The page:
FAA has significantly higher risk-adjusted return than an equal weight portfolio. FAA decreases maximum drawdown dramatically. FAA is robust when adjusting look-back periods. Absolute momentum can directly add value on identifying down side risk regimes and decrease maximum drawdown.

Source: Empiritrage

Conceptual sketch for an "All-Weather-Portfolio" by deploying Adaptive Risk Parity

As stated in the title, the nature of this posting is conceptual. It is a survey for designing a portfolio that generates stable profits during every type of economic environment the investor is faced with. What is about to follow is partly a compilation of the information found in several sources* along with suggestions and idea's put forward by co-researcher "Ram". This post is also an open invitation to anybody who is willing to share valuable insights for improving the model.
The goal of this quest is not about generating the highest possible returns. Instead it is about creating a portfolio with a risk profile as close as possible to cash, but with yields much higher than cash. The idea is to reduce the portfolio's overall volatility by investing in assets that naturally move in opposite directions. One of the largest hedge funds in the world, Ray Dalio's Bridgewater, applies this investment philosophy in their "All-Weather-Portfolio".

AWP is based on four premises:
  • The future is unknown and impossible to predict.
  • Assets are responding to two drivers: economic cycle (expansion/contraction) and inflation (high/low).
  • Asset classes thrive not equally during each of the four scenario's.
  • Risk is distributed equally over the four scenario's.
Instead of allocating equal amounts of capital to each asset class, the AWP-model assigns equal buckets of risk to the distinctive asset classes. Thus "risk parity" for each quadrant is accomplished to match equal odds for the next economical and inflationary condition. AWP assumes the economy transitions randomly from regime to regime and thus the AWP needs to have one or more asset classes working well in each regime. So AWP seeks for one or more asset classes generating decent returns in each quadrant. For instance:
  • Stocks for economic expansion and low inflation.
  • Bonds for economic contraction and low inflation.
  • Commodities for economic expansion and high inflation.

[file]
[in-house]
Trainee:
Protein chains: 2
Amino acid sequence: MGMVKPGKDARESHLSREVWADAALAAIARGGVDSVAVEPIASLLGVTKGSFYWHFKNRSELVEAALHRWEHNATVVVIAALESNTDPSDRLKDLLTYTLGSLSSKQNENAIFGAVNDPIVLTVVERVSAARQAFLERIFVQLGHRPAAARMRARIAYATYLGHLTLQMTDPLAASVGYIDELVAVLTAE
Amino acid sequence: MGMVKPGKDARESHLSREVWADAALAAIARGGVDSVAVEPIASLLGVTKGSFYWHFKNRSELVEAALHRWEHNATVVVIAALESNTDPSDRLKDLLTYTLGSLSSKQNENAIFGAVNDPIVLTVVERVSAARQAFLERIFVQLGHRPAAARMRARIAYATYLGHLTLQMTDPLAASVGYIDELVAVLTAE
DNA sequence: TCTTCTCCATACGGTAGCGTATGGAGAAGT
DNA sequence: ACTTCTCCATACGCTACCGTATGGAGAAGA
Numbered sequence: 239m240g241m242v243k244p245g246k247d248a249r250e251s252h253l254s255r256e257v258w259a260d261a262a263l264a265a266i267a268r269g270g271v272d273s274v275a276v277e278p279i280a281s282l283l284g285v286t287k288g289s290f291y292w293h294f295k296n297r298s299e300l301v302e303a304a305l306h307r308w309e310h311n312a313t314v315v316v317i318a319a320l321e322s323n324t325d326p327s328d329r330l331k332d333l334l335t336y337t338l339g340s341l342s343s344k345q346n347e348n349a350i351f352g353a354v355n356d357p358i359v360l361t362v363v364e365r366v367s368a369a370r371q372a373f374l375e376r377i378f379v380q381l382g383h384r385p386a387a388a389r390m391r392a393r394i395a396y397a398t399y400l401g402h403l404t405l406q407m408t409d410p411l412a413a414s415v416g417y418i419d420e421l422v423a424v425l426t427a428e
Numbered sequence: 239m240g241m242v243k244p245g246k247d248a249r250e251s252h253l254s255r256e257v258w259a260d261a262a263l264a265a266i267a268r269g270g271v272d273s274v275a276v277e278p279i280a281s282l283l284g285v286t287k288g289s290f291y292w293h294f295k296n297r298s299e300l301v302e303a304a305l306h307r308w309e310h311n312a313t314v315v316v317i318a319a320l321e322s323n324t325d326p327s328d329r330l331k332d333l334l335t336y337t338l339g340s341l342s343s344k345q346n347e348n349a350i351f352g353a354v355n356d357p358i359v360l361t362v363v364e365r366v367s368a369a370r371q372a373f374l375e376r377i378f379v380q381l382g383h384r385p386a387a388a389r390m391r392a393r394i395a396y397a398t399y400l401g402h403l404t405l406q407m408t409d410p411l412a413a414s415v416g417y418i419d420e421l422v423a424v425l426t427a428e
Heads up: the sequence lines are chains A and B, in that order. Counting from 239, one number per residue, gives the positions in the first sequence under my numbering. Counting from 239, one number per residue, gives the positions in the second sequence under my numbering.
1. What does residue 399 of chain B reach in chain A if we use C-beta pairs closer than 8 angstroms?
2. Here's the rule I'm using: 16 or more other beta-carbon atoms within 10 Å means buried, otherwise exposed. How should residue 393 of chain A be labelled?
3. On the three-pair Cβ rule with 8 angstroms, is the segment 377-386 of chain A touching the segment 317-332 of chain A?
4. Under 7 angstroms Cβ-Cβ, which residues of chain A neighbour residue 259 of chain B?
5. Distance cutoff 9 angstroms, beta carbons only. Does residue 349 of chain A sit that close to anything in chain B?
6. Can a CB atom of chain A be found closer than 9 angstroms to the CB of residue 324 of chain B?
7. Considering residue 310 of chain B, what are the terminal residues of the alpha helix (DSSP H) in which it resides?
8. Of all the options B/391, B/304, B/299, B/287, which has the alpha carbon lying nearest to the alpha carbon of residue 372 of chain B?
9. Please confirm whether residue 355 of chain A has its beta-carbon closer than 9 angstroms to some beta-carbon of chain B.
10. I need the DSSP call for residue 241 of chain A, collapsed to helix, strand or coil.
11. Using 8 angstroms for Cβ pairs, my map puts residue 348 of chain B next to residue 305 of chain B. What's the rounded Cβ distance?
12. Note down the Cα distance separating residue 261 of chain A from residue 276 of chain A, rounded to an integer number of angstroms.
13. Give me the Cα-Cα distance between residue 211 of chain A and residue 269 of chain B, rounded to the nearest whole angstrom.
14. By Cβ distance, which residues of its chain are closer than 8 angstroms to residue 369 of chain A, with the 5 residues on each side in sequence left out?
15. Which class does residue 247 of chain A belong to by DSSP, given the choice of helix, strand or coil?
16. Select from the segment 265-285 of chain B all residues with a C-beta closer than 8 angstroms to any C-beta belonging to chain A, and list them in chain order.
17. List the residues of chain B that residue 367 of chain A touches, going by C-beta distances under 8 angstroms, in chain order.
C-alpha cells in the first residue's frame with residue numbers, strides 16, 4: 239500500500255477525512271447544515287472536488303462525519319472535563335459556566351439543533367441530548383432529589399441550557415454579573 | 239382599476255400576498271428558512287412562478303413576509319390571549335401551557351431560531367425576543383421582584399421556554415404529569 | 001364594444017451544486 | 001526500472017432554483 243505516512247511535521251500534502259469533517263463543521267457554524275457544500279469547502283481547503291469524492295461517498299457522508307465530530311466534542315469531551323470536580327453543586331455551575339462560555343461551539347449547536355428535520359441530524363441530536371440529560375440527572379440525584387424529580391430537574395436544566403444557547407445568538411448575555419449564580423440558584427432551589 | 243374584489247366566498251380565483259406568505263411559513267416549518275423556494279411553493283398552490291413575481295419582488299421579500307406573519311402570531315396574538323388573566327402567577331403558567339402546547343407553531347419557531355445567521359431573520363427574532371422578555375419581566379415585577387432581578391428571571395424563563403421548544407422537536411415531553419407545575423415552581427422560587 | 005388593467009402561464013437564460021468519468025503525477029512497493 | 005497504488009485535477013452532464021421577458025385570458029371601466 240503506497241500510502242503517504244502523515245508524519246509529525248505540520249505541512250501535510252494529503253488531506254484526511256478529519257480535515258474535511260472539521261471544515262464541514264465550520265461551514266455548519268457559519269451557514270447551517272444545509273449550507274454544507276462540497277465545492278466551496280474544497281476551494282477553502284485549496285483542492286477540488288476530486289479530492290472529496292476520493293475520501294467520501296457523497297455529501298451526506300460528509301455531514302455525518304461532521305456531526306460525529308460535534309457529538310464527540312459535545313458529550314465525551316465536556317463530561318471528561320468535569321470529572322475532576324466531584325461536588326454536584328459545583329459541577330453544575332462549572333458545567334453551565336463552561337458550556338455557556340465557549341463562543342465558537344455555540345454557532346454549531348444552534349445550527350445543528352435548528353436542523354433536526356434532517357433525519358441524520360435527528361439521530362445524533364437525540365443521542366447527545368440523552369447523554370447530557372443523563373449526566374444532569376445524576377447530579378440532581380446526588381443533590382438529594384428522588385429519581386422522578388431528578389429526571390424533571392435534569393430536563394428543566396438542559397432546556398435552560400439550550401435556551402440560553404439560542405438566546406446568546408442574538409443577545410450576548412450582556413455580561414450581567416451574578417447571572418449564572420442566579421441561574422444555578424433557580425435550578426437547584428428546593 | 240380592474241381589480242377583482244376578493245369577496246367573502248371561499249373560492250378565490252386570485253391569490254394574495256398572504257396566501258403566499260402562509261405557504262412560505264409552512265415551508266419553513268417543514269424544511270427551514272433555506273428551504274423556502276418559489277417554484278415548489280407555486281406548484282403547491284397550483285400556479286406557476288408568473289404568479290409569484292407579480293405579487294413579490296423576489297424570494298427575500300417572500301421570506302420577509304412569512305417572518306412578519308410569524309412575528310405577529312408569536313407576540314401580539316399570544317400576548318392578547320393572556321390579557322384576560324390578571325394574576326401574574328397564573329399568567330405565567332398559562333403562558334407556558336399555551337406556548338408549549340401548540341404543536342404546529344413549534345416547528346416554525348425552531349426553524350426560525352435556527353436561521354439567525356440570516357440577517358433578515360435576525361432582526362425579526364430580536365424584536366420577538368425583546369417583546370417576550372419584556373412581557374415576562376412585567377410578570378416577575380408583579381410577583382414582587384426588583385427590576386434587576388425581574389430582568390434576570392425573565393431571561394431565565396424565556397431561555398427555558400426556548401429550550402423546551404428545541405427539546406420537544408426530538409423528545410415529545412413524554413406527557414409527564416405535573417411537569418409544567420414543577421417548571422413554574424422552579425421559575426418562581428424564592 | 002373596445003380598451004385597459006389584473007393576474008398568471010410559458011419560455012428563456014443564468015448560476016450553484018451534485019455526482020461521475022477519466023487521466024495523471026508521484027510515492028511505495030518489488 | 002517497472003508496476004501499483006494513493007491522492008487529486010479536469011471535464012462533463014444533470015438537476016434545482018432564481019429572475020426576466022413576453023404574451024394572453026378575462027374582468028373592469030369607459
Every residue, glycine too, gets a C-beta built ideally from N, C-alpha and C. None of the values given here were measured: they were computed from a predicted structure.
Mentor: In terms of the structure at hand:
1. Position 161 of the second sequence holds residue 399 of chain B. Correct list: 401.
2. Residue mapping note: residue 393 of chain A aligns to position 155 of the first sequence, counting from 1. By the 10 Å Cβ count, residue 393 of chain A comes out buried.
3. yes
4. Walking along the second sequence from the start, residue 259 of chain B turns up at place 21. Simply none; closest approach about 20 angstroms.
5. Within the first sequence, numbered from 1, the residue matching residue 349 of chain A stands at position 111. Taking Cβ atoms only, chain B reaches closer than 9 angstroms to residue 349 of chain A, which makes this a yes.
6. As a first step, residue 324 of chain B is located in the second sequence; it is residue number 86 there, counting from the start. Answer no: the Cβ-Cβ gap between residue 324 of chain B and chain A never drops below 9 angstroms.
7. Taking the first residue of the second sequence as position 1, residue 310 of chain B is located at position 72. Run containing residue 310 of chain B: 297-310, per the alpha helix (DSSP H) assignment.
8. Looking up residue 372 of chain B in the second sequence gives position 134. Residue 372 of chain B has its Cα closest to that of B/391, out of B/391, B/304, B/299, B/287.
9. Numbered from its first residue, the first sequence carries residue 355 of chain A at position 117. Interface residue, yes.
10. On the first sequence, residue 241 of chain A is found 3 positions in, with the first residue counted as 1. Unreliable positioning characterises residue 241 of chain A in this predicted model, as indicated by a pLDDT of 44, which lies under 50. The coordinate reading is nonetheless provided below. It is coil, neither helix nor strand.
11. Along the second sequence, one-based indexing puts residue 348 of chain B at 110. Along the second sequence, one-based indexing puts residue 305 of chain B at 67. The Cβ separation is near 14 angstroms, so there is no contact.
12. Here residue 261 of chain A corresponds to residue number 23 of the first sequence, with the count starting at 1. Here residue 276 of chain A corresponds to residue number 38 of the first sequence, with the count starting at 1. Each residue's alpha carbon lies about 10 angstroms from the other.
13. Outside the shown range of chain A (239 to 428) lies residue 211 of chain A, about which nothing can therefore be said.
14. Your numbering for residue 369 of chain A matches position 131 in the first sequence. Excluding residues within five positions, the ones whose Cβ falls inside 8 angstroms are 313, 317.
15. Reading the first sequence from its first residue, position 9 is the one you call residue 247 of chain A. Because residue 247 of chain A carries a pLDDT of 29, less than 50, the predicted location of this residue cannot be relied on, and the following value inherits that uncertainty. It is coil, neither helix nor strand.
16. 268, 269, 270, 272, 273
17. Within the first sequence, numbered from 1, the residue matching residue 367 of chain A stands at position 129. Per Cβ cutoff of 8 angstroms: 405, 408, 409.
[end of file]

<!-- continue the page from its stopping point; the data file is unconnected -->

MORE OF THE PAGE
• Inflation linked bonds for economic contraction and high inflation

Economic contraction

Economic expansion


25% of risk:
- inflation linked bonds
- precious metals

25% of risk:
- stocks
- commodities
- real estate


25% of risk
- government bonds
- inflation linked bonds

25% of risk:
- stocks
- real estate
- corporate bonds
    Table I  

How To Time The Market? Stochastics Rulez!

What if there was an indicator signaling a market turn ahead of time instead after the fact?
How about "Sell into strength and buy into weakness"?
Sounds impossible and a fools play?

Actually, applying an extra ordinary market filter is the way to go. Utilizing a stochastic crossover strategy in an unconventional setup yields a 60+% probability of a reversal signal. In a "long only" play, the win rate even jumps close to 85%. What is to follow is all about compounding and risk management.

Updated chart

Made in Switzerland: a Global Market Rotation Strategy for MDY, IEV, EEM, ILF, EPP and TLT

[Update added: See Postscript]

On Seeking Alpha Frank Grossmann published his Global Market Rotation Strategy (GMR). The goal of the GMR strategy is to achieve above average returns while avoiding big losses during market corrections. To that extent TLT is added as a "safe haven" during roaring bear markets. The GMR Strategy switches between 6 globally distributed ETF's on a monthly basis:
  • US Market (MDY- S&P MidCap 400 SPDRs)
  • Europe (IEV- iShares S&P Europe 350 Index Fund
  • Emerging Markets (EEM- iShares MSCI Emerging Markets)
  • Latin America (ILF- iShares S&P Latin America)
  • Pacific region (EPP - iShares MSCI Pacific ex-Japan)
  • US Treasury Bonds (TLT- iShares 20+ Year Treasury Bond ETF)

The algorithm of the GMR model is quite similar to Kevin McGrath's TAA model posted in Februari 2013, except that the GMR model offers the possibility to allocate assets based on weighting not only past performance, but volatility too.

"Vixenator II" or how to turn "risk" into "opportunity"

What happens when "risk" is turned into a mimetic poly-alloy? We get Vixenator II and "risk" turns into "opportunity"! While working on a risk ratio, a statistical approach towards VIX and SPX turned out to be rather promissing.

SPX weekly chart
Back in January a statistical framework was provided for DMI, MACD and RSI. For creating Vixenator II the same approach is used. For the sake of brevity please consult the mentioned posting for the theoretical background.

Bell curve of "normal distribution"
By design Vixenator (I) was limited to daily charts. For the sequel a new composition is used resulting in an indicator way more mouldable than its predecessor: because of its "liquid elements" Vixenator II allows for application on all timeframes.